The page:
A Year Book photograph from the Taisho Period! From my personal collection.

A Year Book photograph from the Taisho Period! From my personal collection.

The charming snow sculpture in front of the school made by the students. It is a mushroom character called "Nameko".

The charming snow sculpture in front of the school made by the students. It is a mushroom character called “Nameko”.

中華かきたまスープ
春雨サラダ
エビフライ
いちごジャム
コッペパン
牛乳

Chili Shrimp

March 8th, Friday:

DSCN4363

  • Miso Soup (Tamogi Mushroom, Tofu, Trefoil)
  • Chili Shrimp (Shrimp, Onion, Green Onion)
  • Sesame Vinegar Dressed Cabbage and Bean-curd (Cabbage, Cucumber, Beancurd)
  • Rice
  • Milk
  • Kcal: 874

Shrimp are said to live until their backs are bent, so they are a symbol of long life. Celebratory meals such as at new year’s are not the same without them.

Today’s lunch was the best! Note the complete absence of meat. The cabbage was surprisingly sweet, vaguely similar to the flavouring of inari sushi. I liked the chili shrimp too. It was slightly spicy, which means it wasn’t spicy at all by many foreigners’ standards, but even so, one of the teachers worried about what students who dislike spiciness were supposed to do. I personally don’t like spicy foods, and spicy foods by Western standards make me feel physically ill the next day or two after eating them. Really, I think spiciness is something you grow accustom to, so if you grew up in a country with spicy cuisine, you can probably enjoy a lot, but if you didn’t, then it is not good for you to eat it. Japanese food, on the whole, is not spicy at all and tends to have very subtle flavours. This perfect for someone like me, but I could see how some people might dislike that.

みそ汁
エビチリ
キャベツと油揚げのごま酢和え
ごはん
牛乳

Crab Salad

March 6th, Wednesday:

DSCN4357

  • Pork Rice Bowl (Pork, Onion, Bell Pepper, Shimeji Mushroom)
  • Milk
  • Miso Soup (Daikon Radish, Carrot)
  • Japanese-style Salad (Octopus, Cucumber, Wakame Seaweed, Imitation Crab)
  • Kcal: 822

The condition of when someone or something is sought after by many people is said “hippari-dako (stretched octopus)”. This comes from the fact that when making dried octopus, their legs are pulled out in all directions to dry them.

I am not sure what was so Japanese about today’s salad, given it was dressed in mayonnaise, but it was full of crab-mayo deliciousness. That said, it wasn’t all that popular with the students. I think a lot of them were put off by the looks of it. Also, students who dislike cucumbers are surprisingly common.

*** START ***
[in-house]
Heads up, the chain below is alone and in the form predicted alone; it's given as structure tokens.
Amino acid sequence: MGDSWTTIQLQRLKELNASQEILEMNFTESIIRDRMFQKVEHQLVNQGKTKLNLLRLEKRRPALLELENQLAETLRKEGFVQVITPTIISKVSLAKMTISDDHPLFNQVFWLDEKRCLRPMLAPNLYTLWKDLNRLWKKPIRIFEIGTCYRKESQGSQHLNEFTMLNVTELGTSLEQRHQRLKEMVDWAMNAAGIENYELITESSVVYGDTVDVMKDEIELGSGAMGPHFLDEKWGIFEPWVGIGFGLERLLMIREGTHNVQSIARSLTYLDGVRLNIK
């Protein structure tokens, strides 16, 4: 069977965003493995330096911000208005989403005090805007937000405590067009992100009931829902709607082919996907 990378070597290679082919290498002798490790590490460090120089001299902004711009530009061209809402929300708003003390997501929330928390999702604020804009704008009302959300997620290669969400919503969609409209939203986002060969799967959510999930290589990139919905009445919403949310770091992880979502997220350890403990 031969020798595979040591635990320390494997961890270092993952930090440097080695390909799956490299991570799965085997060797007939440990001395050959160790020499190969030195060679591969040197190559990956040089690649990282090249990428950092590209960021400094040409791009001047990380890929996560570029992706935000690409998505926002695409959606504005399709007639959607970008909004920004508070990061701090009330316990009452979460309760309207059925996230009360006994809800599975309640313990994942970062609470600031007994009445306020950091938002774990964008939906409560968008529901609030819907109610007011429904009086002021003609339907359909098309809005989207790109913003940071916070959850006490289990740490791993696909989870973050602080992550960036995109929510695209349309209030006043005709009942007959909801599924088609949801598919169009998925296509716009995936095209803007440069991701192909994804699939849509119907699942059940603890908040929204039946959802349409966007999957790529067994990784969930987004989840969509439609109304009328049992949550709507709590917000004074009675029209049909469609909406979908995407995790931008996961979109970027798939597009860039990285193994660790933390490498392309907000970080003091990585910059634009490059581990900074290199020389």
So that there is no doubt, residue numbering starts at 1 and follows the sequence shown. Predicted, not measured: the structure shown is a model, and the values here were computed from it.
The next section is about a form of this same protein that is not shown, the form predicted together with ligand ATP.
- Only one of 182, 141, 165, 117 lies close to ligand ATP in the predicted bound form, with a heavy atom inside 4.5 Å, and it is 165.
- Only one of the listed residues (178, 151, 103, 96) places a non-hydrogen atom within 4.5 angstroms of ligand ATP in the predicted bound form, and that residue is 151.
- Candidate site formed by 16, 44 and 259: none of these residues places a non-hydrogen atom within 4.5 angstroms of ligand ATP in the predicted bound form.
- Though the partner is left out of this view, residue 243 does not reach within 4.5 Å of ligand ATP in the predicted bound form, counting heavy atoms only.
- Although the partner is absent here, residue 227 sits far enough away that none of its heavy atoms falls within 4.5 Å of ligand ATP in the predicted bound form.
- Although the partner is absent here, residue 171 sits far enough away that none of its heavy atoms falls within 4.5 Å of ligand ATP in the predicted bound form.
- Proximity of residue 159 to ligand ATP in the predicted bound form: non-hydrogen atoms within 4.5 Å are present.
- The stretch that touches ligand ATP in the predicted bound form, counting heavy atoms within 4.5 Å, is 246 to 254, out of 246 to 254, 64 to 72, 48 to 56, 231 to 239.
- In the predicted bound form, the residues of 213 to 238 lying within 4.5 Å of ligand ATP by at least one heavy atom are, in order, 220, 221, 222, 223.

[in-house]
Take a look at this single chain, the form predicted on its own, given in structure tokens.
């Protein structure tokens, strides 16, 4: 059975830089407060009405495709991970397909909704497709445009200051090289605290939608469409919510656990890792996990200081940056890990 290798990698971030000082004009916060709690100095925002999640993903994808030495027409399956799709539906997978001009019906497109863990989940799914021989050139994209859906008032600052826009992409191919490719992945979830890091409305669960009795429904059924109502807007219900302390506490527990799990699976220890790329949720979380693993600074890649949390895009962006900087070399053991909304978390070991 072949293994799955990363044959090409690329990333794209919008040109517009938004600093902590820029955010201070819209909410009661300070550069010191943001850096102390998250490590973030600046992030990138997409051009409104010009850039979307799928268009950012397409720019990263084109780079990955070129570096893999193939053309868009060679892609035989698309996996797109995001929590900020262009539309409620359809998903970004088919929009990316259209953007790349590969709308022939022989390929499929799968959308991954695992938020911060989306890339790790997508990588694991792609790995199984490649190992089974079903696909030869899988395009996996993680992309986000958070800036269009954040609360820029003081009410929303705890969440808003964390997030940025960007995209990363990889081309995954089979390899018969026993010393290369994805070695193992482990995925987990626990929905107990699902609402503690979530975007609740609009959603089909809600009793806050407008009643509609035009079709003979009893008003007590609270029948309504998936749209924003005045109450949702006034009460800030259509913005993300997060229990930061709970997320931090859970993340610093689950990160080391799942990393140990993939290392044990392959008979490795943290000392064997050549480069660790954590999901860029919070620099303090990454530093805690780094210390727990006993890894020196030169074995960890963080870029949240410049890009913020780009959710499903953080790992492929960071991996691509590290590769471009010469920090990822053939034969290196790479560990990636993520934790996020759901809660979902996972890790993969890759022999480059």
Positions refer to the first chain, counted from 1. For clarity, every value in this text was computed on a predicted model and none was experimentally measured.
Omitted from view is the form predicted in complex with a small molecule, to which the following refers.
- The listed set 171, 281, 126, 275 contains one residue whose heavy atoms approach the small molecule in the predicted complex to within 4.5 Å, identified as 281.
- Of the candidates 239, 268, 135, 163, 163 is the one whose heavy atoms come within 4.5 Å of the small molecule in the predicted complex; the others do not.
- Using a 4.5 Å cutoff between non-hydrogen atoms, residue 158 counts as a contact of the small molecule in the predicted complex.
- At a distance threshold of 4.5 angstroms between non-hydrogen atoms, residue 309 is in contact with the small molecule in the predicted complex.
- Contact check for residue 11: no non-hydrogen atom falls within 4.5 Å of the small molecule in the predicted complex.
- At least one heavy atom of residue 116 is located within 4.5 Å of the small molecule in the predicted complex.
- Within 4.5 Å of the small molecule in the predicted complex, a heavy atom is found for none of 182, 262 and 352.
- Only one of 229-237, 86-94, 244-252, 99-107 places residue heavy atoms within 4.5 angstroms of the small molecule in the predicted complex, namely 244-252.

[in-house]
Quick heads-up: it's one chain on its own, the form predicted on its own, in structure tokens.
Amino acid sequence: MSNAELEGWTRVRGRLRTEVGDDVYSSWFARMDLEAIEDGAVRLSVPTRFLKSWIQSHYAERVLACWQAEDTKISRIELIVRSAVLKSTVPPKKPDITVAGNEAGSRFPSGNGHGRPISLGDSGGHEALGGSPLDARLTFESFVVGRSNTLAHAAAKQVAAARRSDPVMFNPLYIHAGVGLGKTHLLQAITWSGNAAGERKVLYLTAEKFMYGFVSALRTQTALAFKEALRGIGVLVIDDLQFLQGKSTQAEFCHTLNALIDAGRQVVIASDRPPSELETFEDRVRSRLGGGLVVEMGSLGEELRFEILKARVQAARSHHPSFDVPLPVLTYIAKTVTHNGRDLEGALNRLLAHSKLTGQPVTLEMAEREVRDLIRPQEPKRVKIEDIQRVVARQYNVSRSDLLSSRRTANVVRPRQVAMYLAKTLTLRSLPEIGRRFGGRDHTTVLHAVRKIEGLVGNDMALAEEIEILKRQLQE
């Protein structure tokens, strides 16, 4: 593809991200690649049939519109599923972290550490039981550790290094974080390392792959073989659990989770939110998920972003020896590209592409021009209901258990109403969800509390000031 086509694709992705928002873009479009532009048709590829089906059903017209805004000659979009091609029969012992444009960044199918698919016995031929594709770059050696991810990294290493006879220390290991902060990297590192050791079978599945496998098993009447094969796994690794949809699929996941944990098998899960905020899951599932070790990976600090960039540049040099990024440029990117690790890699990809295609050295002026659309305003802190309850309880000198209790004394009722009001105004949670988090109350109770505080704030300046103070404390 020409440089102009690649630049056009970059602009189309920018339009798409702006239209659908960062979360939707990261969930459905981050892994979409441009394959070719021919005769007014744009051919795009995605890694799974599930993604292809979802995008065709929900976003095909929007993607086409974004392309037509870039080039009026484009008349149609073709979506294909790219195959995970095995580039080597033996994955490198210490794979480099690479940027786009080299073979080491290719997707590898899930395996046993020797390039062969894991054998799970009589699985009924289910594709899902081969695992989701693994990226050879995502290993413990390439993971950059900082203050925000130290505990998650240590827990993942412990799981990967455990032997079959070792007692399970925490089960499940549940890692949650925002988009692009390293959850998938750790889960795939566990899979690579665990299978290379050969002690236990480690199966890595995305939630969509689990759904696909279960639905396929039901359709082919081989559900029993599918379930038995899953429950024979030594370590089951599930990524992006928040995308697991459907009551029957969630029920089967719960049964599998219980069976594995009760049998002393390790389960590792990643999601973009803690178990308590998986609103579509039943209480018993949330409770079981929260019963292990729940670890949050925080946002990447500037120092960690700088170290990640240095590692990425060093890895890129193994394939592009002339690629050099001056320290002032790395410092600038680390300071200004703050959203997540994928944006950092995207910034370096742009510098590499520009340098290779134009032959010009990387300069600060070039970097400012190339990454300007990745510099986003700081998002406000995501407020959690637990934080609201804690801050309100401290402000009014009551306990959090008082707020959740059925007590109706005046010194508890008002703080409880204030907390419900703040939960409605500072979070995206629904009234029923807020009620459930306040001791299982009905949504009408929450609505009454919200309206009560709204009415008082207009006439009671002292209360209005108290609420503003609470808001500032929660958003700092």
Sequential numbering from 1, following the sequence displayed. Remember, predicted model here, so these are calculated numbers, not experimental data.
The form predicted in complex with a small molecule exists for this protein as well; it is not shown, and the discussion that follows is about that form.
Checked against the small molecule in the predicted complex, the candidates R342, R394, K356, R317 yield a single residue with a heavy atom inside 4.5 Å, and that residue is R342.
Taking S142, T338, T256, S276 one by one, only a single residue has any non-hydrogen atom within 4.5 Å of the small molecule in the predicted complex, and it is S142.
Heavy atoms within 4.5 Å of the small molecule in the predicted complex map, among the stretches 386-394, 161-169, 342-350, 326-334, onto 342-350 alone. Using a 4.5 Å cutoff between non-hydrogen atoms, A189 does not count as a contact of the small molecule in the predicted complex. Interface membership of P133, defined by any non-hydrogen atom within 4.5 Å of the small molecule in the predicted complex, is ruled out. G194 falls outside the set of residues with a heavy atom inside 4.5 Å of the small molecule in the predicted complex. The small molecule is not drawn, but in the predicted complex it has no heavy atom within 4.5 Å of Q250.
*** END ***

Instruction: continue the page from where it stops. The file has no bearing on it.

豚丼
牛乳
みそ汁
和風サラダ

Chinese Food

February 22nd, Friday:

DSCN4313

  • Chinese-style Vegetable Soup (Chicken, Cabbage, Bean Sprouts, Bamboo Shoots, Shiitake Mushroom, Carrot)
  • Bansansu (Cucumbers, Ham, Carrot, Harusame, Egg)
  • Grilled Dumplings
  • Sesame Hijiki
  • Rice
  • Milk
  • Kcal: 778

Bansansu is a thinly cut vegetable, ham, and glass noodle salad. It is dressed in shoyu, vinegar, beet sugar, sesame oil, and mustard paste. It has a Chinese taste.

So today’s lunch is obviously a Chinese style lunch. I tried looking up what Chinese dish “bansansu” originally comes from, but I didn’t easily find an answer. One of the first results though was a recipe for “school lunch basansu“, which the writer recreated from her memories of the bansansu she enjoyed eating in school lunch. I also found the blog of an elementary school which explained that the word “bansansu” comes from Chinese  and means three ingredients (“san”) cut finely (“su”) and mixed together (“su”).

Higashi Miyagino Elementary School's Bansansu Lunch!

Higashi Miyagino Elementary School’s Bansansu Lunch!

Furano's Bansansu Salad!

Furano’s Bansansu Salad!

 

中華味野菜スープ
バンサンスー
焼きギョウザ
ごまひじき
ごはん
牛乳

Brown Stew

January 22nd, Tuesday:

DSCN4226

  • Gravy Stew (Pork, Potato, Onion, Carrot)
  • Macaroni Salad (Macaroni, Cucumber, Tuna)
  • Lemon Basil Baked Chicken
  • Coppe Bread
  • Milk
  • Kcal: 1123

Onions–with their three flavours of sweetness, spiciness, and savoriness–are a vegetable Western-style cooking cannot do without: to the point they are called the “katsuo-bushi of the West” (西洋のかつお節). They give their deliciousness to many dishes such as curry and beef stew.

I was in a “Japanese-style Western food” mood today, so I am happy that I could eat gravy stew and coppe pan today.

Today I was reflecting that it is good that (in Japan, at least) people eat much more pork than they do beef. Raising pork is better for the environment and less wasteful of resources than beef.

I don’t advocate for everyone to become vegetarian. But modern people eat far too much meat: beef, pork, and even too much chicken and fish. Really it’s gluttonous. That obesity is a problem is rather unbelievable. Here is a quote from the Swedish National Food Agency:

It is true that meat is one of our most important sources of iron and a good source of protein, but there is no need to eat as much meat as we do today, from a health perspective. On the contrary, it is beneficial to cut down on meat and meat products because that can reduce the risk of colon and rectal cancer.